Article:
Tuesday, March 3, 2015

What-Cha, Darjeeling 1st Flush 2014 Giddapahar Black Tea

What-Cha Description:
Another great top-end First Flush Darjeeling Tea; with a sweet start, spicy finish and slight briskness with light tannins..

Sample provided by What-Cha Tea Redefined

My Review:
Today we are back to India for some much needed caffeine and theanine. I recently reviewed an autumnal flush Darjeeling from this same estate. I am very curious to open up this sample and see the difference between a first flush and a third. I'm also hoping I can tell the difference, because, you know, I sort of review teas a lot. This could be very embarrassing.

What-Cha's samples are a generous 10 grams. Depending on how much leaf you are accustomed to using, you can get up to five steeping sessions. I generally use around 3 grams, so I can easily get three separate sessions with each. I try to always mention the sample bags are resealable as not every company packages their product this thoughtfully. Steeping instructions are clearly displayed on the label.

Opening the bag, I get my first clue that this will definitely be a different experience than the autumn flush tea. The aroma here is straw and grass with a healthy dose of fruit and floral. It smells like orange blossoms to me.

Removing a large scoop of leaf provides my second clue this is different. If you sat this in front of me and said guess, I would suspect a green tea or possibly a white peony. Nothing about the appearance shouts black tea. The leaf is various shades of green with a few cinnamon colored tips to keep me confused - in a good way.

My press was just cleaned and is still hot and wet inside. Adding the leaf to the wet press, while the kettle heats, releases the first notes reminiscent of a Darjeeling. The water was heated to 195 F and the steep time was 3 minutes.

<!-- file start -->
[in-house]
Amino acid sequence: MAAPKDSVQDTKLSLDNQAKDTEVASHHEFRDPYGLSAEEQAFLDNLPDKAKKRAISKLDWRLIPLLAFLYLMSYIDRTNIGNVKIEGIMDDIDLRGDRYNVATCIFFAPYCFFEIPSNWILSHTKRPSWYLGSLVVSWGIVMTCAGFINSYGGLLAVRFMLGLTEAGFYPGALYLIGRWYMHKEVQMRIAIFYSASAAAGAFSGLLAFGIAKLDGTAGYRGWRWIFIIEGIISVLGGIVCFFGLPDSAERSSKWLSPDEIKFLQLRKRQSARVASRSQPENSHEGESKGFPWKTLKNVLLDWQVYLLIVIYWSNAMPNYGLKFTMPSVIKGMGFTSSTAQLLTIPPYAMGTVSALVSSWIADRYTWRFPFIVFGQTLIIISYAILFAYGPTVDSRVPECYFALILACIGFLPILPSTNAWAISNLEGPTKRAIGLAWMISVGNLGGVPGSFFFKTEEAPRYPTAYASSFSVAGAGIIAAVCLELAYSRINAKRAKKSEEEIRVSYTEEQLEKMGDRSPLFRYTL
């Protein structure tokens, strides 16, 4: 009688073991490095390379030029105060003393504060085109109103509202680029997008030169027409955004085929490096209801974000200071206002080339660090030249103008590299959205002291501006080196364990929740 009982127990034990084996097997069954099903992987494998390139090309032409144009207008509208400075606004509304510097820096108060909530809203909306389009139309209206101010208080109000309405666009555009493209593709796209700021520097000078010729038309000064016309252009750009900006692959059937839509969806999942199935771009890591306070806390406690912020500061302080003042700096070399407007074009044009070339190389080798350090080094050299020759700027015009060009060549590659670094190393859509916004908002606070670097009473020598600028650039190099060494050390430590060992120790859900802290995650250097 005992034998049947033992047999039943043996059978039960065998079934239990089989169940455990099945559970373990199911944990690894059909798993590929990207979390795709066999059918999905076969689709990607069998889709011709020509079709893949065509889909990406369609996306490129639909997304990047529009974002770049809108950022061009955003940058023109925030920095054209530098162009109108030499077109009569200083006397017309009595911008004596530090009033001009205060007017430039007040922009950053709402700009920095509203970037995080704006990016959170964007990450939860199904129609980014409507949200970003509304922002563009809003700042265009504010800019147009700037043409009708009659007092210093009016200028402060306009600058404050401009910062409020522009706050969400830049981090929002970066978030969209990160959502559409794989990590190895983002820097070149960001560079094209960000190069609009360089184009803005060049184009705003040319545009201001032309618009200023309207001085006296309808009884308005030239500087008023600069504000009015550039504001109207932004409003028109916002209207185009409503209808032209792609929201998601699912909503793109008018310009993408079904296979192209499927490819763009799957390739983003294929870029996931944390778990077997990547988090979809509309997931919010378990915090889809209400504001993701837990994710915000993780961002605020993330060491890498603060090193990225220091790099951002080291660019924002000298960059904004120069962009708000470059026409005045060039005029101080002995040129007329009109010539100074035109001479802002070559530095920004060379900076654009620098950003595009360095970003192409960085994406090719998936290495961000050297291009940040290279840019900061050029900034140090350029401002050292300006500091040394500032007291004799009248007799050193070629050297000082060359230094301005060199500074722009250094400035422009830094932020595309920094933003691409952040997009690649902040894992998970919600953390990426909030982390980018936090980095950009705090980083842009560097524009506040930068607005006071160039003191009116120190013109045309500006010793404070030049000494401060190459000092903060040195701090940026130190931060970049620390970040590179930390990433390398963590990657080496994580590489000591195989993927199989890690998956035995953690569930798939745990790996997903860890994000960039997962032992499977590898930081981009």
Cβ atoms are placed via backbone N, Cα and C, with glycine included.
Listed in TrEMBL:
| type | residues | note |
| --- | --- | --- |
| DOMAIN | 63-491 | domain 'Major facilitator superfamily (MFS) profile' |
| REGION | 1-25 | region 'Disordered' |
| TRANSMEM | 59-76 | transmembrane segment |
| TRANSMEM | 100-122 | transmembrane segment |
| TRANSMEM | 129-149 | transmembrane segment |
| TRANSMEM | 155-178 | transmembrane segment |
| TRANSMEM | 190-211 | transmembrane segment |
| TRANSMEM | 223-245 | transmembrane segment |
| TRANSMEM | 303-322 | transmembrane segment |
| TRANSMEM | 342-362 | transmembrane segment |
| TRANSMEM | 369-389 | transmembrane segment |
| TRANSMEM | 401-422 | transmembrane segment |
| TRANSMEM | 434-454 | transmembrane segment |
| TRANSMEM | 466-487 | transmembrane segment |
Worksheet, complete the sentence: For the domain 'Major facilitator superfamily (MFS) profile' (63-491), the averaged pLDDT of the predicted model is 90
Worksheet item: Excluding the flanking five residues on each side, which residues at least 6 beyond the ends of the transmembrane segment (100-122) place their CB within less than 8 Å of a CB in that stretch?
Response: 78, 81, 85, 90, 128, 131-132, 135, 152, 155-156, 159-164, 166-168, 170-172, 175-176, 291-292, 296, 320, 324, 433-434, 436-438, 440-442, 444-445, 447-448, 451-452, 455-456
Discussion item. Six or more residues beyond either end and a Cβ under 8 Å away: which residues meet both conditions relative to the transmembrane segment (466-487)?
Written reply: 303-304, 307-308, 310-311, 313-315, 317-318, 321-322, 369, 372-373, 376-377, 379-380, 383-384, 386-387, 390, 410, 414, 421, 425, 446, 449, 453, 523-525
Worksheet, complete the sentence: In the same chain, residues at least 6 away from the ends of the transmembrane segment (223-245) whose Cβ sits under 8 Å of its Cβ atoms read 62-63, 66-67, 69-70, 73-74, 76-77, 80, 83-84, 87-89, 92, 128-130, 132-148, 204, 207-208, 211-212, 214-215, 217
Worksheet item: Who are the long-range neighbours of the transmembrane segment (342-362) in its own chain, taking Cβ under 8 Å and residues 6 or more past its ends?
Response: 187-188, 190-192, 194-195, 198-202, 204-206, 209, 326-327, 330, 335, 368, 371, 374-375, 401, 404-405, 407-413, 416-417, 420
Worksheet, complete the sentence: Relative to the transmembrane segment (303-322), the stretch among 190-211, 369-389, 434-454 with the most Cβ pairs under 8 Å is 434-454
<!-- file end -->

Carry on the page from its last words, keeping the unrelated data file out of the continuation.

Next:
The leaf has really come alive. It is green and moist. I still don't visualize black tea.

The leaf grade is labeled as SFTGOP1 or Super Fine Tippy Golden Flowery Orange Pekoe. I believe the 1 stands for finest quality. That basically means when this was originally graded and packed it contained whole leaves and buds.

Some settling has occurred and now some of the leaf is still full and intact while others are large pieces. I don't notice any really small pieces. Certainly nothing suggesting this is anything but a high quality leaf.

The liquor is honey yellow with a green tint. The label says black tea, but it continues to mock me.

So I finally taste. Oh there you are. The What-Cha description on the sample label nails this tea, "A brilliant sweet start with a spicy finish." Attempting to expand on this a little - after the sweetness I catch the first notes of muscatel. It is a light grape leaf like flavor. It fades quickly into a moment of mineral. Just as quickly it moves right into that spicy finish with the leaf taste moving below the spice.

The aftertaste lingers well in a sweet fruity note, as just a touch of cheek tingle moves in to further please the senses.

The difference between this first flush and the autumn flush are day and night apart in almost every way. I just checked and What-Cha does carry the autumn flush as well as this first flush. Before I recently started reviewing a wide range of Darjeeling teas, I thought I had a good handle on what they tasted like. In truth, I had no idea. I Seriously suggest trying a sample of both teas mentioned here, from this same estate. The difference will astound you. Just so you know, both are excellent.

You can find What-Cha, Darjeeling 1st Flush 2014 Giddapahar Black Tea here.

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